Novelist and content creator Raelee Mae Carpenter (@raeleemaecarpenter), who has a budding following of about 5,000, has been waiting three years for their disability hearing.
“My situation really isn’t sustainable, and I’m scared,” they said. “I’ve tried having dozens of other jobs, but I’ve found that no employer is willing to accommodate all of my disabilities.”
So where does this leave disabled people like Carpenter and Kaye who can’t afford to stop working, who are waiting for their case to be heard, or who can’t make ends meet with only social security disability insurance (SSDI)?
It leads them online, becoming creators. In an effort to access basic health needs and improve their quality of life while working within their physical limitations, many disabled individuals rely on content creation. In this way, the profession is a double-edged sword. It encourages people who struggle to work a standard 40-hour work week to commit to the 24/7 content creation cycle. At its worst, the content creation cycle can make disabled people feel that they have to “perform” or compete against each other to make a living or access crucial quality of life measures. At its best, there’s still a lot of pressure to make specific kinds of content in order to perform well and be successful.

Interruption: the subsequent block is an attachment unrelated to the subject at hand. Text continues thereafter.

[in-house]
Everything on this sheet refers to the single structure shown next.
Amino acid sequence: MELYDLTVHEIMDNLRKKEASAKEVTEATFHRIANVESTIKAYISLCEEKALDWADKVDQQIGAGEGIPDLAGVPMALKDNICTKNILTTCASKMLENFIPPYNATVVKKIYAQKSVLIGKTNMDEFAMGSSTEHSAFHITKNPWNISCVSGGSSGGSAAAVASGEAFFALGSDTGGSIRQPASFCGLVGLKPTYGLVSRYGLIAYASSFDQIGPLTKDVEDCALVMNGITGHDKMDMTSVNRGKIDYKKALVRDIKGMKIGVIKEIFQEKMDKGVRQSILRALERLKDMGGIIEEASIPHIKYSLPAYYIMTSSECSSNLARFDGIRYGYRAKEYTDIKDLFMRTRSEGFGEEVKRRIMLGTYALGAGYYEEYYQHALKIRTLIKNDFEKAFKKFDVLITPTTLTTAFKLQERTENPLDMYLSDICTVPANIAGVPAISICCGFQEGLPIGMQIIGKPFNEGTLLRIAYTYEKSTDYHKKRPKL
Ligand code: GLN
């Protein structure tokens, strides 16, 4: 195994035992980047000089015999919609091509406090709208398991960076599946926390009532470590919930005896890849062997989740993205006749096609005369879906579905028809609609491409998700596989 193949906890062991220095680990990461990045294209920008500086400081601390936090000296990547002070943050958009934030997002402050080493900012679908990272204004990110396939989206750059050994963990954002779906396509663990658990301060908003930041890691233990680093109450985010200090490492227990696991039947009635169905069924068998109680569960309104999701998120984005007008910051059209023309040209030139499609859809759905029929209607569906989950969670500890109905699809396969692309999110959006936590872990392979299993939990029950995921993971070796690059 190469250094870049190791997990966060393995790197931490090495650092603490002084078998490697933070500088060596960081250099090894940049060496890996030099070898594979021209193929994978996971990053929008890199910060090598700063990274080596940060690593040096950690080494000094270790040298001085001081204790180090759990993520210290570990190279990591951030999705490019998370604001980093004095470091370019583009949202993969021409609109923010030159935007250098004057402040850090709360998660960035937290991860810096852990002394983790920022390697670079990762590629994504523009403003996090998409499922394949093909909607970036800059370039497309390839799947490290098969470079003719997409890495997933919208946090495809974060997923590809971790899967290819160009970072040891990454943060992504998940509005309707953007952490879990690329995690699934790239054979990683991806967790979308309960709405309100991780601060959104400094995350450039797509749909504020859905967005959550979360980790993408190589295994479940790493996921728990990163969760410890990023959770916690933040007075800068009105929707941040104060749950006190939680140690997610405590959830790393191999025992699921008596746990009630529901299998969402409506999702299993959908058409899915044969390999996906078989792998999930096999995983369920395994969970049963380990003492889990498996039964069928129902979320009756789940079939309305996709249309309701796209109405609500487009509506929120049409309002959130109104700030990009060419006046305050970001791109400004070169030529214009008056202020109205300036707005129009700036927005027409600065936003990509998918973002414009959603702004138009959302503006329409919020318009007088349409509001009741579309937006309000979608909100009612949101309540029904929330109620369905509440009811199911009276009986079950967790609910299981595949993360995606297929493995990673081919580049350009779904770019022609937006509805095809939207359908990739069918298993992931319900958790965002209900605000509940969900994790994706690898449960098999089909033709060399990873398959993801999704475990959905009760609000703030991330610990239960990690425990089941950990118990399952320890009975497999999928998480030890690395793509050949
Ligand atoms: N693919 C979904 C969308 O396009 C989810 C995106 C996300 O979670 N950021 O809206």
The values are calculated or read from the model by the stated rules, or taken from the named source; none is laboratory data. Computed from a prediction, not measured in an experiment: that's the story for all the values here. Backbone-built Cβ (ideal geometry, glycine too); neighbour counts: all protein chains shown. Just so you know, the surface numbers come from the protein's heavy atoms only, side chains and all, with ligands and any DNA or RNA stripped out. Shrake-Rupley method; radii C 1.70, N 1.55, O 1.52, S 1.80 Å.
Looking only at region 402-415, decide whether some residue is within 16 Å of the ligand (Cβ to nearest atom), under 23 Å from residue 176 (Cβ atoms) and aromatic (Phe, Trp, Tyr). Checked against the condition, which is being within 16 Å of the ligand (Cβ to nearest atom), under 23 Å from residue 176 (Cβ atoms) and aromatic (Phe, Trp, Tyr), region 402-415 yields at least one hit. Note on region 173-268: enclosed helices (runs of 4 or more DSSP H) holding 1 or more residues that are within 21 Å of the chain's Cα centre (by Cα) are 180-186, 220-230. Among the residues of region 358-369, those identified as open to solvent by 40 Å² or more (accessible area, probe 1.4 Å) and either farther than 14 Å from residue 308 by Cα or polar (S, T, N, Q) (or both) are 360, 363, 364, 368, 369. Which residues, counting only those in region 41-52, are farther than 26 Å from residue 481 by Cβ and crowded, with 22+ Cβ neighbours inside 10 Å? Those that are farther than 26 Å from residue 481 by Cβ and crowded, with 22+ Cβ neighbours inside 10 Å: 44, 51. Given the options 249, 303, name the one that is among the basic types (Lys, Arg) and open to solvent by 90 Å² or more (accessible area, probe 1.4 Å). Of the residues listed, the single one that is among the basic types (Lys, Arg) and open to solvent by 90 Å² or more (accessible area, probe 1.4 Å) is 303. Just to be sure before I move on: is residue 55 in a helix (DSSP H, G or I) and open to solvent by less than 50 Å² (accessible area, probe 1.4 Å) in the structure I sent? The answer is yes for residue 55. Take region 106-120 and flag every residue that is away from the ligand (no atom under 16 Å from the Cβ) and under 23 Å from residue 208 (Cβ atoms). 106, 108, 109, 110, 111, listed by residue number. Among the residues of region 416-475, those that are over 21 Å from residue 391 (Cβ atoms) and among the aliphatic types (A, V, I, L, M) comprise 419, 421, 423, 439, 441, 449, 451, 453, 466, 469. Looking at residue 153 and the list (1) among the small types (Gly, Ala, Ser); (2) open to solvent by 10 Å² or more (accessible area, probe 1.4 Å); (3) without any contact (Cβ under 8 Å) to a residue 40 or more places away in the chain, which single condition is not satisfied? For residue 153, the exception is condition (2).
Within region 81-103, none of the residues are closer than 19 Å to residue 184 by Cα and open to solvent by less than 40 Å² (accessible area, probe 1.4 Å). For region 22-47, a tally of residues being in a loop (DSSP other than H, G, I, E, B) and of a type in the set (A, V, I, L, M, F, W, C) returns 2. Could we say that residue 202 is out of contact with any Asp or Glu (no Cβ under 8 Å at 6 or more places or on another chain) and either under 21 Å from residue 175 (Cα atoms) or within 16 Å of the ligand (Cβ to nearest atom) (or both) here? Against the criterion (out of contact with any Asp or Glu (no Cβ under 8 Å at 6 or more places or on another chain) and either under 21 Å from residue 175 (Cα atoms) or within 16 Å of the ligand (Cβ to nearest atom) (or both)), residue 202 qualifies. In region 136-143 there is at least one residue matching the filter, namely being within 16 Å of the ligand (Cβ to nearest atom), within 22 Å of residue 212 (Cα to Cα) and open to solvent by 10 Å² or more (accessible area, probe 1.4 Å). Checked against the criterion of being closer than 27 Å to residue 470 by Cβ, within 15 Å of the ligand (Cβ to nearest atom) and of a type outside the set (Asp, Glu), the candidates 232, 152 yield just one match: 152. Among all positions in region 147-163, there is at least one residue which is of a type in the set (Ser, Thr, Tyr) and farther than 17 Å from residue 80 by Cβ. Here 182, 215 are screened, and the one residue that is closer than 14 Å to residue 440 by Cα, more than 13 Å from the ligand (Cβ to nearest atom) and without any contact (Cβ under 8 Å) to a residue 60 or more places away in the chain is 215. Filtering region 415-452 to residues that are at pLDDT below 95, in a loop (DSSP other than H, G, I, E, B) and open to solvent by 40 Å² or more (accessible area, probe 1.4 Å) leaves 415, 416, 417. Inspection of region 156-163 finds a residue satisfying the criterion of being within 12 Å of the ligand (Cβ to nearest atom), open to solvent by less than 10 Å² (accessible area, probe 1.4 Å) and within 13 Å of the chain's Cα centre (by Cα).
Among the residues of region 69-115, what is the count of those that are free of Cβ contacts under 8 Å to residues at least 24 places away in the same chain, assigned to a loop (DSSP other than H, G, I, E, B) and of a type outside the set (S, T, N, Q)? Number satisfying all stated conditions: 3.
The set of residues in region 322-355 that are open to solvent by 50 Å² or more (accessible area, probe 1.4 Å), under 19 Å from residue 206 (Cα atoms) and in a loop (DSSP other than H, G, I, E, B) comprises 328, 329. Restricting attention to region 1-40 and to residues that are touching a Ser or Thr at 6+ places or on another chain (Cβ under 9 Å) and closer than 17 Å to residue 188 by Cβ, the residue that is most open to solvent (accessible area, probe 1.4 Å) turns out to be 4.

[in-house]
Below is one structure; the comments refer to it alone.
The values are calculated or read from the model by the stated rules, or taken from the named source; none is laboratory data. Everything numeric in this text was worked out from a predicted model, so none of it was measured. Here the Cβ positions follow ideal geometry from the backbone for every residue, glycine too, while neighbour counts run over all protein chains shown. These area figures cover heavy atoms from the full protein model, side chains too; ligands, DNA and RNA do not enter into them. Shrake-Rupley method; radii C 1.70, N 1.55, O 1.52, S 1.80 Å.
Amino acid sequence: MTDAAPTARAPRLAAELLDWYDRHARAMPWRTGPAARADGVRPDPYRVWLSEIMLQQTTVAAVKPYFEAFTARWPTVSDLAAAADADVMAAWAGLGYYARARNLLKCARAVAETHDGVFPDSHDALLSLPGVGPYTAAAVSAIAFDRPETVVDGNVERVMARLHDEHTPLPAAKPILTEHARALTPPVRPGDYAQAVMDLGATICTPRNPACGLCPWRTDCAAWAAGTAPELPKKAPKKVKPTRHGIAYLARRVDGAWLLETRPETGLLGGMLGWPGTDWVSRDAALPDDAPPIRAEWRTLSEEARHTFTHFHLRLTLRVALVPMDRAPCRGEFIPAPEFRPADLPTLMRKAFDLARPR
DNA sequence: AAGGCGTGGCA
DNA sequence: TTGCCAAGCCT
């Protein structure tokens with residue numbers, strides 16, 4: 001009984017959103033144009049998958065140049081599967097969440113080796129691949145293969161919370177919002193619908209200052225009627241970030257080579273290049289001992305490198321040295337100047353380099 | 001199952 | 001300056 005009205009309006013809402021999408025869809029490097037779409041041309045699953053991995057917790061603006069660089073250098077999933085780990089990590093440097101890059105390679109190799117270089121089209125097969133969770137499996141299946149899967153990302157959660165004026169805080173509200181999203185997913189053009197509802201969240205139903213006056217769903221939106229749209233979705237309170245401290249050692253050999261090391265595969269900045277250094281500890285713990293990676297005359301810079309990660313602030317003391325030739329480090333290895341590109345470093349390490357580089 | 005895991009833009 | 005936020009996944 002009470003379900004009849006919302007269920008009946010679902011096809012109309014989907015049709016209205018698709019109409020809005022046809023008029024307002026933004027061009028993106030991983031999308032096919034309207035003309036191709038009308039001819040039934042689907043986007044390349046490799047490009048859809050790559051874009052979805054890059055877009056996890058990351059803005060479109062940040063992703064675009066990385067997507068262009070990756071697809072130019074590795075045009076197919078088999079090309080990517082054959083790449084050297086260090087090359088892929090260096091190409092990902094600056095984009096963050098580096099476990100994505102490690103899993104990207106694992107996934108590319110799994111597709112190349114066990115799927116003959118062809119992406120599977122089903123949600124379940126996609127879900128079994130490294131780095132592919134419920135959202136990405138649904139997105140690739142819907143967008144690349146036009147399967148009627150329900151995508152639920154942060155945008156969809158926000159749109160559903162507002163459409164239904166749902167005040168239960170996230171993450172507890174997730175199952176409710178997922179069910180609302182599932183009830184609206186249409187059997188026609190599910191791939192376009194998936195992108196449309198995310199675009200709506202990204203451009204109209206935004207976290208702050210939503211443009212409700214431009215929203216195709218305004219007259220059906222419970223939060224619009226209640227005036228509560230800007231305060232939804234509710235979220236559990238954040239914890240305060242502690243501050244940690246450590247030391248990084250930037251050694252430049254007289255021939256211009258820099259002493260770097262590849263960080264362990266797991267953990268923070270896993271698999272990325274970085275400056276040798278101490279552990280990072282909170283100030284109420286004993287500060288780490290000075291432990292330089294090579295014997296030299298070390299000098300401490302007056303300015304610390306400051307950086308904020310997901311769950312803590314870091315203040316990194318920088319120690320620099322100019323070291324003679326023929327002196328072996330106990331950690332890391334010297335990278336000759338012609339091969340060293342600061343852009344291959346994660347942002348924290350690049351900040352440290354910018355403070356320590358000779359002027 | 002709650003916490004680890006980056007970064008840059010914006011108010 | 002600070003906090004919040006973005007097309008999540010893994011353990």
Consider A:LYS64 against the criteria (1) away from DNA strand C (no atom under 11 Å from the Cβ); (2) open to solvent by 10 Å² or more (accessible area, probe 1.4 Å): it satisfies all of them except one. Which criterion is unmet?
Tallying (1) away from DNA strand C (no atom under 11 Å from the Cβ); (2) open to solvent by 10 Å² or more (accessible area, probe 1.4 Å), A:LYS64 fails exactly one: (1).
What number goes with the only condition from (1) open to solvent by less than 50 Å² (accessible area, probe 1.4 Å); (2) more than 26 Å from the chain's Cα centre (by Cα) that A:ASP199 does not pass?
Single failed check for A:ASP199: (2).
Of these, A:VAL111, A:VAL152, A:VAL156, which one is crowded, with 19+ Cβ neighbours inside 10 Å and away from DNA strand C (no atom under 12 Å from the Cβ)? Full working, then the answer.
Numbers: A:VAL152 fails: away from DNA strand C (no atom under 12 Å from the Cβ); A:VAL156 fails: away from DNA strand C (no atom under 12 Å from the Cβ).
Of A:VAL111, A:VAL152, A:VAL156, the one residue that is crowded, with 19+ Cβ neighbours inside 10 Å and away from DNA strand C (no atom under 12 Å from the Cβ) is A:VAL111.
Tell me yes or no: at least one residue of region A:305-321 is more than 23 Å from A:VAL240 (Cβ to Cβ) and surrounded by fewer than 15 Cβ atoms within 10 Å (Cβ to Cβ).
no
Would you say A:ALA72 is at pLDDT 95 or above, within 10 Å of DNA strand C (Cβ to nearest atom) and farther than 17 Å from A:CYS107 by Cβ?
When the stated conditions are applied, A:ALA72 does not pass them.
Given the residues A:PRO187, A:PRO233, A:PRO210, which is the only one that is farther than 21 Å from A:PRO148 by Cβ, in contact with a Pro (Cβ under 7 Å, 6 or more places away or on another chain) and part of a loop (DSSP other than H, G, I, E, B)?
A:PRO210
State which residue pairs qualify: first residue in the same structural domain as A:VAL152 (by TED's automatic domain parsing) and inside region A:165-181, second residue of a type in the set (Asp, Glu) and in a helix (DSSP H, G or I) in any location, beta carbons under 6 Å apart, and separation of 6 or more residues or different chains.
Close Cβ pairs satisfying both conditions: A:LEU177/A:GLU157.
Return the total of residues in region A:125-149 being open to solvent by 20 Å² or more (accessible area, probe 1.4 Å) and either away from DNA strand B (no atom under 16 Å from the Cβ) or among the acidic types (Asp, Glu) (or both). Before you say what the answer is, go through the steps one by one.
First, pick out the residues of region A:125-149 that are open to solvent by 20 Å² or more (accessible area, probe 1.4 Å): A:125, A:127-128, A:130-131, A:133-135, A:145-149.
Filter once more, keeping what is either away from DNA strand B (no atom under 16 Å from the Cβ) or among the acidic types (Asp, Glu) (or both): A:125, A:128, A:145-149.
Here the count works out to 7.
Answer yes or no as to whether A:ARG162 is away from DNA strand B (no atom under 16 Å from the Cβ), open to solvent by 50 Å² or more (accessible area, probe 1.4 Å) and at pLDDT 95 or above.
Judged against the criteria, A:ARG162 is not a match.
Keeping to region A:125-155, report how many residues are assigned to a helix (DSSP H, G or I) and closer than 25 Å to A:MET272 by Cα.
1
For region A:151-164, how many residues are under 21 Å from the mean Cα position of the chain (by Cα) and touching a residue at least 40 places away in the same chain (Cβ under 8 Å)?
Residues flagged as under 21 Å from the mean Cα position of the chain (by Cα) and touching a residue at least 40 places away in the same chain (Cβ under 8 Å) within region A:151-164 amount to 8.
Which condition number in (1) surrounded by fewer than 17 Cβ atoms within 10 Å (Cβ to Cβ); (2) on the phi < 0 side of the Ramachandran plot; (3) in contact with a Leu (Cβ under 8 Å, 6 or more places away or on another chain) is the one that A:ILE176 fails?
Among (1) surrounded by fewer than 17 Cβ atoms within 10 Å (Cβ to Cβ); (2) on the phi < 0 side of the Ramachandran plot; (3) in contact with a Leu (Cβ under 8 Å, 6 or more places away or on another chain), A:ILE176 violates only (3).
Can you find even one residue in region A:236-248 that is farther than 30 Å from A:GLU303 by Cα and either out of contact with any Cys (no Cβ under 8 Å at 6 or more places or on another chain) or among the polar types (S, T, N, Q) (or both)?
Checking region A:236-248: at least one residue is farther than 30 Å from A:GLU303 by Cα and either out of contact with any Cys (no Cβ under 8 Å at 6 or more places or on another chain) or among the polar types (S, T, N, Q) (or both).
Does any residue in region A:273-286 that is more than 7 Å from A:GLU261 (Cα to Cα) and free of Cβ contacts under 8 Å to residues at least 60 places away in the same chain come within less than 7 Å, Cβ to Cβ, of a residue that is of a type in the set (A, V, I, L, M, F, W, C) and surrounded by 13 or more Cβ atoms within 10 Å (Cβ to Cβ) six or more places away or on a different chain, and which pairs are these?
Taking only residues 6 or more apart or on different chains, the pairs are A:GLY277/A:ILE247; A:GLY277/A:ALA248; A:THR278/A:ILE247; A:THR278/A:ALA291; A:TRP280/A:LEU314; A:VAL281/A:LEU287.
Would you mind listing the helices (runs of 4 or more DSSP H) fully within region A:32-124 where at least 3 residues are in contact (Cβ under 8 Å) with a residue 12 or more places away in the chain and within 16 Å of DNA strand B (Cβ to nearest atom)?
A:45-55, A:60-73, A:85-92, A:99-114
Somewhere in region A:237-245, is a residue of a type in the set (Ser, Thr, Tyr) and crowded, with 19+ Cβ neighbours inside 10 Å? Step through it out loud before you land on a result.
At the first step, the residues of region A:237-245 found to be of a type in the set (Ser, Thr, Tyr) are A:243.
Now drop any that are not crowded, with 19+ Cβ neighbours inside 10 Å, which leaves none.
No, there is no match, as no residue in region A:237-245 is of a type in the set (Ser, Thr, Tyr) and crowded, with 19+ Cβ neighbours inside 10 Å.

“I feel pressured to make algorithm-friendly content that won’t get shadow banned, even when algorithm-friendly content often is NOT what patients need,” said Kaye, whose content typically focuses on educational resources for the chronically ill.
Even when successful in monetizing their following, most disabled content creators are working against the income limits of SGA and SSDI (or their country’s equivalent). On top of that, most brands don’t partner with disabled creators which further impacts their income potential; disabled people have been historically underrepresented in media and the workforce because many disabilities are seen as unpleasant or unmarketable.